Indrit Hoxha, associate professor economics, said the candidates have a wide gulf between them on education. Hillary wants to provide free community college and “debt-free” public universities, which would mean an additional $700 billion in education spending, which could result in more students enrolling in college who will never finish. Mrs. Clinton wants to halt the “school to prison pipeline” for certain communities, a laudable goal tied to her plans to revamp criminal justice policies. Donald Trump’s educational ideas, Hoxha said, calls for the end of Common Core standards—policy standards backed by Ohio Gov. John Kasich—along with downsizing or eliminating the federal Department of Education. Meanwhile, the federal government should not be in the business of profiting from student loans.
Hoxha cited an analysis provided by Moody’s Analytics, under Mark Zandi, Arizona Sen. John McCain’s economic guru in 2008, that says lower taxes as a remedy for providing more factories, more hiring and more jobs by Donald Trump would lead to far fewer jobs to the economy, perhaps even losing jobs at times while Hillary plan would lead to far more jobs.
Clinton and Trump are maybe closer on international trade than any other subject, David Buehler, an expert on international trade and assistant professor of economics, said. Each candidate opposes the Trans Pacific Partnership and understand the faults of the North American Free Trade Agreement, he said. “Trump frequently stresses “the negative aspects of imports without mentioning the positives,” he said. Buehler noted that over the past few years, the percentage of foreign born residents in the United States has crept back to where it has been historically. “Overall, immigration tends to have a very positive effect on growth,” he said, a notion foreign to Trump and Pence, who couldn’t answer how millions of immigrants would be sent home.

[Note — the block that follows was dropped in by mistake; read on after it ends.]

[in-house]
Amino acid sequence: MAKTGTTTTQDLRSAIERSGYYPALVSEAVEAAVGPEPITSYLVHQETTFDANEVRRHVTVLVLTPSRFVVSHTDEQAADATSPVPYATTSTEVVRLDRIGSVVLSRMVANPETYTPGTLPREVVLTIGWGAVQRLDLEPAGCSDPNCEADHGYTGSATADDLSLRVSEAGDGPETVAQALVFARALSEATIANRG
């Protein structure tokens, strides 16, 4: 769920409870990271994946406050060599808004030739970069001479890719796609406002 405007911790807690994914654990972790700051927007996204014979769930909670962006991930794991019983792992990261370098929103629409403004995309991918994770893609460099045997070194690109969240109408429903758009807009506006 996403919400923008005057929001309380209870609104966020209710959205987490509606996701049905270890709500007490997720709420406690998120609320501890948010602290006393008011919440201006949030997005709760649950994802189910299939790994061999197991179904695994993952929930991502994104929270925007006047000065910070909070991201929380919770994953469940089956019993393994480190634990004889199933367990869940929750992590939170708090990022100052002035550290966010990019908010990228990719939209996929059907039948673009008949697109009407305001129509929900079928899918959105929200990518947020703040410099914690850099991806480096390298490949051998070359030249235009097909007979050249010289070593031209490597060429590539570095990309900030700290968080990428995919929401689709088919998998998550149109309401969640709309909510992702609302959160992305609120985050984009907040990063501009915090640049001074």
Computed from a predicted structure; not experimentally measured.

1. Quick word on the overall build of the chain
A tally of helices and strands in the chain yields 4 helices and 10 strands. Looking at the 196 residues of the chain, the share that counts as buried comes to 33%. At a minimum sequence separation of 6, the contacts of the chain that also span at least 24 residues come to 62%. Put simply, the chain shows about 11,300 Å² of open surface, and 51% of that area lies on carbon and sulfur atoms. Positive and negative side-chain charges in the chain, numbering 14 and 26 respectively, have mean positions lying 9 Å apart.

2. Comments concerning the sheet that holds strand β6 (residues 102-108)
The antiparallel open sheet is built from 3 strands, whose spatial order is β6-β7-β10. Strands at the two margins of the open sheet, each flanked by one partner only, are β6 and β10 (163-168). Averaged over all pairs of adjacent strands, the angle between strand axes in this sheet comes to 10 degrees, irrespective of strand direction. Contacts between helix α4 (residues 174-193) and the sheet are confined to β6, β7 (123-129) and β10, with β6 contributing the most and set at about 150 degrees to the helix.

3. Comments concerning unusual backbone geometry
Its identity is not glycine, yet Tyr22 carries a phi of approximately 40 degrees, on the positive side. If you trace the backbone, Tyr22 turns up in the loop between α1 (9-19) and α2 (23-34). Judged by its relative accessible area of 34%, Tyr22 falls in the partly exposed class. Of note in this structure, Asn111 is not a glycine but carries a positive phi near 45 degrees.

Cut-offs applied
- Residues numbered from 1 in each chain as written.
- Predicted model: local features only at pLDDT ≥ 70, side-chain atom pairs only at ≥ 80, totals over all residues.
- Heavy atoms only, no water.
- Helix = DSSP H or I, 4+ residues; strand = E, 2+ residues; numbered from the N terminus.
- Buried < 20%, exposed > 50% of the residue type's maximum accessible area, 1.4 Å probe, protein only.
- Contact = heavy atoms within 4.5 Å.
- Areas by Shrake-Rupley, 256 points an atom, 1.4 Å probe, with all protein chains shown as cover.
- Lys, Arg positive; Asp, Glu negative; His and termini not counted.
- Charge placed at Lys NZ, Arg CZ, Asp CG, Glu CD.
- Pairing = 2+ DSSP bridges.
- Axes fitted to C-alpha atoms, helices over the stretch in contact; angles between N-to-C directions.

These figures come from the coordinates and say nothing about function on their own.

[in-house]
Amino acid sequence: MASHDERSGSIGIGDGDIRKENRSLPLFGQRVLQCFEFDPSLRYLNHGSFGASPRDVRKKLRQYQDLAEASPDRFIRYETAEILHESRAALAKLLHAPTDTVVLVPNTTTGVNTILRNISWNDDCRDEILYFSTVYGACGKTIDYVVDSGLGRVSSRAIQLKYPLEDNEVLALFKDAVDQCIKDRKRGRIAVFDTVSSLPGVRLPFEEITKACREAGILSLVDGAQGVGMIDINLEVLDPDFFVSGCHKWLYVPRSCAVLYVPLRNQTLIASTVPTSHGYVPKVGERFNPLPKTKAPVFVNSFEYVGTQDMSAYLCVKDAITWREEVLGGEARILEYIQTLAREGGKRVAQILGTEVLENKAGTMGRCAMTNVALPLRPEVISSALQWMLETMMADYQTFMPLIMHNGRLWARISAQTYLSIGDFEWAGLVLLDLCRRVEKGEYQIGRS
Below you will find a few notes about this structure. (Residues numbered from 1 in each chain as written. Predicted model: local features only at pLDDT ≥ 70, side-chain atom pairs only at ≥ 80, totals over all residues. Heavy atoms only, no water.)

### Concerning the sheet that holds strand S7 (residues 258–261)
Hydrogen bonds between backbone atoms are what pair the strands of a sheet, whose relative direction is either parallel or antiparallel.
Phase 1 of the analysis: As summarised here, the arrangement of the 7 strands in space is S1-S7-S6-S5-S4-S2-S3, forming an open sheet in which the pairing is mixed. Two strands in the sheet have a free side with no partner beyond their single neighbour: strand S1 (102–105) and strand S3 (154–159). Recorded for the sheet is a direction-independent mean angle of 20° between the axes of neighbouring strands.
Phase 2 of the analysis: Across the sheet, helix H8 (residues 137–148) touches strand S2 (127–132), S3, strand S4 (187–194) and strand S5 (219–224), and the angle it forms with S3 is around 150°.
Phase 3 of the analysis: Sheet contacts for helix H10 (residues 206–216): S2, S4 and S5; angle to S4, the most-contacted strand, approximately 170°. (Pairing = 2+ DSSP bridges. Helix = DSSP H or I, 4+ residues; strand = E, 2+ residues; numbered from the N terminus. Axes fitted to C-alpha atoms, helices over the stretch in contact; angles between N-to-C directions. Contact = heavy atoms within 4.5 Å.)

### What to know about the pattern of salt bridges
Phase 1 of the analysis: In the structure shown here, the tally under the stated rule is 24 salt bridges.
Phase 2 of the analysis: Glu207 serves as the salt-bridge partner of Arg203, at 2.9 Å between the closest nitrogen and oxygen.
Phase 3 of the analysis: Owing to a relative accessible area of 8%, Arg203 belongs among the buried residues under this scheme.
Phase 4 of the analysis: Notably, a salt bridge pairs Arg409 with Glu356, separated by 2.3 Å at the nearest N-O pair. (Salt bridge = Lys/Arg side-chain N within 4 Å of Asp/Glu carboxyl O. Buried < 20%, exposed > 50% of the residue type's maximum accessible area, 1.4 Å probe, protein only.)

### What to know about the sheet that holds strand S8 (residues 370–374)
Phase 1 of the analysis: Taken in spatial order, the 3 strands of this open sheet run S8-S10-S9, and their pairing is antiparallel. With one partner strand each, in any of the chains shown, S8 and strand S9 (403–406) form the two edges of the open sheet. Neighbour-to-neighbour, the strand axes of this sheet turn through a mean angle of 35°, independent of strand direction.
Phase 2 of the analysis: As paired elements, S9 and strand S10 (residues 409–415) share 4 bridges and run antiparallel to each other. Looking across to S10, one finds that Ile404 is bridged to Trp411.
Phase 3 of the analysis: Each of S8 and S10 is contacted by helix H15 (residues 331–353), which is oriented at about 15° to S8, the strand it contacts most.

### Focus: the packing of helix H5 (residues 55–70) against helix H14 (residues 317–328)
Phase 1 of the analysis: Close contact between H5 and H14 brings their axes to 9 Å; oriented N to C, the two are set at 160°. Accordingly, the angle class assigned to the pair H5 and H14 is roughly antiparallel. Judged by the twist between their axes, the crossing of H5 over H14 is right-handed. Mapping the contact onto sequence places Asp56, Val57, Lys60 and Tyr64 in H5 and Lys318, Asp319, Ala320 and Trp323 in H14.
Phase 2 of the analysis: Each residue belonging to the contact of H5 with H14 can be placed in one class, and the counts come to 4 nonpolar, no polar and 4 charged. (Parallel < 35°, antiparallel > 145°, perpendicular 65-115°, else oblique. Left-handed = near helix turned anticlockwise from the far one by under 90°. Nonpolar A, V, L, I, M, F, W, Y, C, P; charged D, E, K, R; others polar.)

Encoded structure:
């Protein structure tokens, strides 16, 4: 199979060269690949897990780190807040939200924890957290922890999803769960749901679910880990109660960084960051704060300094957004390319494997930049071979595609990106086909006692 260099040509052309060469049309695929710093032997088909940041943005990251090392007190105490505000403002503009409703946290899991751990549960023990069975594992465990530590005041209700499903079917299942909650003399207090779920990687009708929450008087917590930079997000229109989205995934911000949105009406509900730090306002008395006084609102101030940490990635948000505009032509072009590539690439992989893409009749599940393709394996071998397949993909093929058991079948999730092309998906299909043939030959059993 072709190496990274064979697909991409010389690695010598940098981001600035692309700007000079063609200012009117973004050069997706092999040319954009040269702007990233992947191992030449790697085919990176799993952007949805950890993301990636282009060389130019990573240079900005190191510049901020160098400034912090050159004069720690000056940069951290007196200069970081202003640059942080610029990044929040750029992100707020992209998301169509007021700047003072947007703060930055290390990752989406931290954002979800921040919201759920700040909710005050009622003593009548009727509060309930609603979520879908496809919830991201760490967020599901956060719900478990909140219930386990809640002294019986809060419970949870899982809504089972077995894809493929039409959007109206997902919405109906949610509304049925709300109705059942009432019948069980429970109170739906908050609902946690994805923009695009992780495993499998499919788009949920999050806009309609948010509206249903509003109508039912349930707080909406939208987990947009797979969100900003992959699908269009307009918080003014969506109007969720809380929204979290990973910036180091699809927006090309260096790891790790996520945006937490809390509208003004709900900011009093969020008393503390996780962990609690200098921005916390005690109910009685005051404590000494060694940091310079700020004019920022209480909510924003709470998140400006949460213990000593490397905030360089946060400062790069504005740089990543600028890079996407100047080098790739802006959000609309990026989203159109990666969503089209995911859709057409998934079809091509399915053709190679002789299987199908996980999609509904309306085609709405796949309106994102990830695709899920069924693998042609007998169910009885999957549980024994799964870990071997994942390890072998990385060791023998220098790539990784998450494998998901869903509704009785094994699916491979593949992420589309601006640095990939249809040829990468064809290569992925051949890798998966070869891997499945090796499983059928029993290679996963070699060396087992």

Fifth Estate To The Rescue
Analysis like this has gone lacking in the horse-race coverage by Fourth Estate beltway pundits who have lathered up voters with misguided or misleading information such that both candidates are thought to be the worst two prevented to the American electorate. It’s unfortunate that experts like these four Penn State economic experts, whose opinions and research should be the substance of discussions instead of the personal judgments by mass media on style points, are not the bread and butter of daily news broadcasts.
It looks like Fifth Estate reporters, the kind Plunderbund offers its readers on a daily basis, just might be the right medicine for what ails America.